# Lifting one end of a beam

1. Jan 15, 2007

### osuaaron

Hello,

This is my first question, I've been pondering for awhile now.

Example:

I have a beam, it is 21' in length and weighs 397.5 lbs total. I am about to lift one end of this beam. I would like to know how to figure the weight I am lifting on this one end. Assume the weight is constant throughout the beam.

Thank you for any assistance.

2. Jan 15, 2007

### Hootenanny

Staff Emeritus
Welcome to the Forums,

If this is a homework question, could I please remind you that homework questions should be posted in the homework forums.

With respect to the question, tell me what you know of torques.

3. Jan 15, 2007

### osuaaron

Well, I work for a major oil company, and I hurt by back attempting to do this. As a result of the injury, I am working on a presentation for my peers that explains how much weight we are lifting in this way.

I know what torque is, aside from that not very much. I'm sort of a grunt, you could say. I would like to learn this universally so I can apply it to other beams as well, to give the guys a good idea of what they're lifting.

4. Jan 15, 2007

### Hootenanny

Staff Emeritus
I shouldn't be contacting my lawyer before advising you should I?

5. Jan 15, 2007

### osuaaron

LOL.

Well, if you want to, that's your perogative :). I'm just looking for some help to figure this out, it's been a long time since I've done this kind of thing. Basically it looks like I'm trying to convert Torque into weight.

6. Jan 15, 2007

### Staff: Mentor

If you lift one end of a beam that has a uniform mass distribution, you are lifting half the weight.

7. Jan 15, 2007

### disregardthat

What if there where no one to carry it on the other side?

8. Jan 15, 2007

### KingNothing

I'm not 100% sure of this, someone confirm:

If there is no one on the other end, and it is just on the ground, you will be lifting one-half the weight the instant you pick it up. As the angle increases and you lift it, you lift less and less, until eventually the instantaneous force to get it vertical is zero.

I'm assuming these beams are long enough, however, that the angle might have very little impact.

9. Jan 15, 2007

### Staff: Mentor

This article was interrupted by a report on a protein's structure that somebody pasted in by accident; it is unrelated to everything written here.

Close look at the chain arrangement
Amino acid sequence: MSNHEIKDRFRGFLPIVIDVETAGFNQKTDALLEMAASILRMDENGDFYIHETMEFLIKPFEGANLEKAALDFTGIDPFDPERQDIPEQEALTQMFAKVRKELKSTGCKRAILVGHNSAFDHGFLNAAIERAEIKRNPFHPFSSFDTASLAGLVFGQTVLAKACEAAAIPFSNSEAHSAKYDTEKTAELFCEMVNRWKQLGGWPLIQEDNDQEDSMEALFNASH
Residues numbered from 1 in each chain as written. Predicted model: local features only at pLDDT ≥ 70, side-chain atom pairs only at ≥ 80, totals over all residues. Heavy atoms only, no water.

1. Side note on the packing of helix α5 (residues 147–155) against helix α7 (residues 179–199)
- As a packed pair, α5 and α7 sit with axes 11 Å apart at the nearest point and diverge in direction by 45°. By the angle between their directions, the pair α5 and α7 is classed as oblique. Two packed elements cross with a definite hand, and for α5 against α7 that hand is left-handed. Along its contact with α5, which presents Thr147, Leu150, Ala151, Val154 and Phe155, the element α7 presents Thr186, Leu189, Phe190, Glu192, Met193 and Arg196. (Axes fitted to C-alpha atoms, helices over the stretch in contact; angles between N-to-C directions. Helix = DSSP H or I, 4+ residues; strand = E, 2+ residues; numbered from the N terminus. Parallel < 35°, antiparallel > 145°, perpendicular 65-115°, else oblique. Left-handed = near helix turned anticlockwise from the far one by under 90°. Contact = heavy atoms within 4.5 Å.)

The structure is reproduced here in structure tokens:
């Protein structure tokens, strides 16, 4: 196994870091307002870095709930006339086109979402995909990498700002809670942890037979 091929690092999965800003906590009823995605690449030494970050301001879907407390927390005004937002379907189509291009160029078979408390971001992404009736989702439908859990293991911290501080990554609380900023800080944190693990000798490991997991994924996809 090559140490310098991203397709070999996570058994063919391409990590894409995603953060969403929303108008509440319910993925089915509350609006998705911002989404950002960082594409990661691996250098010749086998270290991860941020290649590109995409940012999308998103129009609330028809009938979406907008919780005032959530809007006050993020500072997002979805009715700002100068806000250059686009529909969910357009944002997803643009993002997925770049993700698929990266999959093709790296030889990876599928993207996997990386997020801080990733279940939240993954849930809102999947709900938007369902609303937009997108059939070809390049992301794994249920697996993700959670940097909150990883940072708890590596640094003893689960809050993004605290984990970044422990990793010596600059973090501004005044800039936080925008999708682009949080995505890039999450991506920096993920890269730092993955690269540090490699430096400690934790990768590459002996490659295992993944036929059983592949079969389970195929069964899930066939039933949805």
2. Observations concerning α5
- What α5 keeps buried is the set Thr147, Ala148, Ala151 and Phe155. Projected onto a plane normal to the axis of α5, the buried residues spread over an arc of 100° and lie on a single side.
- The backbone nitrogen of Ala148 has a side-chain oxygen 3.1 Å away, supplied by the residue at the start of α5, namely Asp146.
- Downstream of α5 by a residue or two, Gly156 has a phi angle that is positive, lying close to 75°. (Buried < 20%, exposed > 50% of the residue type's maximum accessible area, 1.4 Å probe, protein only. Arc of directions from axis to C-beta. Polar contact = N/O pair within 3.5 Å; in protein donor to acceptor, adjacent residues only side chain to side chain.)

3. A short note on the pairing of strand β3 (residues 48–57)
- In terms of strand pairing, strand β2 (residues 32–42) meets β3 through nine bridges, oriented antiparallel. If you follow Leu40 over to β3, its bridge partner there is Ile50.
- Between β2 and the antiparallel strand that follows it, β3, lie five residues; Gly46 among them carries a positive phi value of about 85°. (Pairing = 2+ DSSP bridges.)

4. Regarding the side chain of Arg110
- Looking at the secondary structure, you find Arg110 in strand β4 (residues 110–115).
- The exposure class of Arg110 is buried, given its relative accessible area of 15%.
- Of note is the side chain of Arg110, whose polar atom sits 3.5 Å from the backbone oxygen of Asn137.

It depends on where the other supports are. If you are just lifting it from the floor, then the other support is the floor itself (the other end of the beam rests on the floor). In that case, as Russ said, as you begin to lift you would be lifting half of the beam's weight.

(Looks like KingNothing beat me too it.)

10. Jan 15, 2007

### osuaaron

Angles

I was going to say, I believe there is more to it than simply half the weight.

When picking up the pipe, it feels to me like it is possibly half the weight at the point where it is at the ground, then gradually getting lighter as the pipe is lifted to a vertical position.

So I've got an angle, a weight and a length. Can someone help me to figure out an equation to get the weight (based on it's position angle-wise?)

11. Jan 15, 2007

### DaveC426913

Wouldn't that make it simply total weight * cos(angle) /2?

So:

- horizontal: w*(1)/2 = half the weight
- vertical: w*(0)/2 = zero weight
- 45 degrees: w*(.707)/2 = .354 weight

Last edited: Jan 15, 2007
12. Jan 16, 2007

### disregardthat

What if you had to pick it up from the ground at one end, and hold it straigt out with no supporters.

what force would you have to push up and down on it, if you pushed up 10 cm from the end of the beam, and pushed down at the end, and the beam was 1 meter long?

--------------------------_-----'

_ = upwards force
' = downwards force.

Wouldn't the total force be much greater than just lifting it?

13. Jan 16, 2007

### DaveC426913

Perhaps we could stick to the OP's question?

14. Jan 16, 2007

### disregardthat

Well, it's pretty much answered isnt it?

15. Jan 18, 2007

### LHarriger

Not quite, since he asked for an equation.
Also, you are only initially lifting half the weight in an equilibrium condition. If you want to actually raise the beam then this will require an extra force. The equation can be derived by equating the following torques:
$I\alpha=\tau_{person}+\tau_{gravity}$
Solving this gives:
$F=\frac{1}{3}Ma+\frac{1}{2}Mgcos(\theta)$
where g is gravity, a is the tangential acceleration of the very tip of the beam, F is the force applied by the person lifting the beam, and theta is the angle the beam makes with the ground. It is assumed that the foces is exerted perpendicular to the beam.
If you want to use lbs instead of kg then mg is replaced by the pound weight and m is replace by the slug equivelent (just divide the beam weight by 32). If you use SI then acceleration (a) is in meters per second squared. If you use british it is in ft per second squared.

Last edited: Jan 18, 2007
16. Jan 18, 2007

### DaveC426913

Surely this is overkill. The OP likely isn't interested in the force required to move the beam at a certain rate. I think we can assume that weight is the operative concern, and that the additional force required for movement is effectively negligible.

17. Jan 18, 2007

### LHarriger

Depends, If you are lifting at half the acceleration of gravity then this would account for 25% of the force exerted when you start. Though clearly not the leading contributor, I wouldn't quite call it neglible. In fact, the reason I took time to calculate the acceleration term was because I was interested in its contribution to a stress injury. Considering he was planning on giving a presentation I thought it might be useful.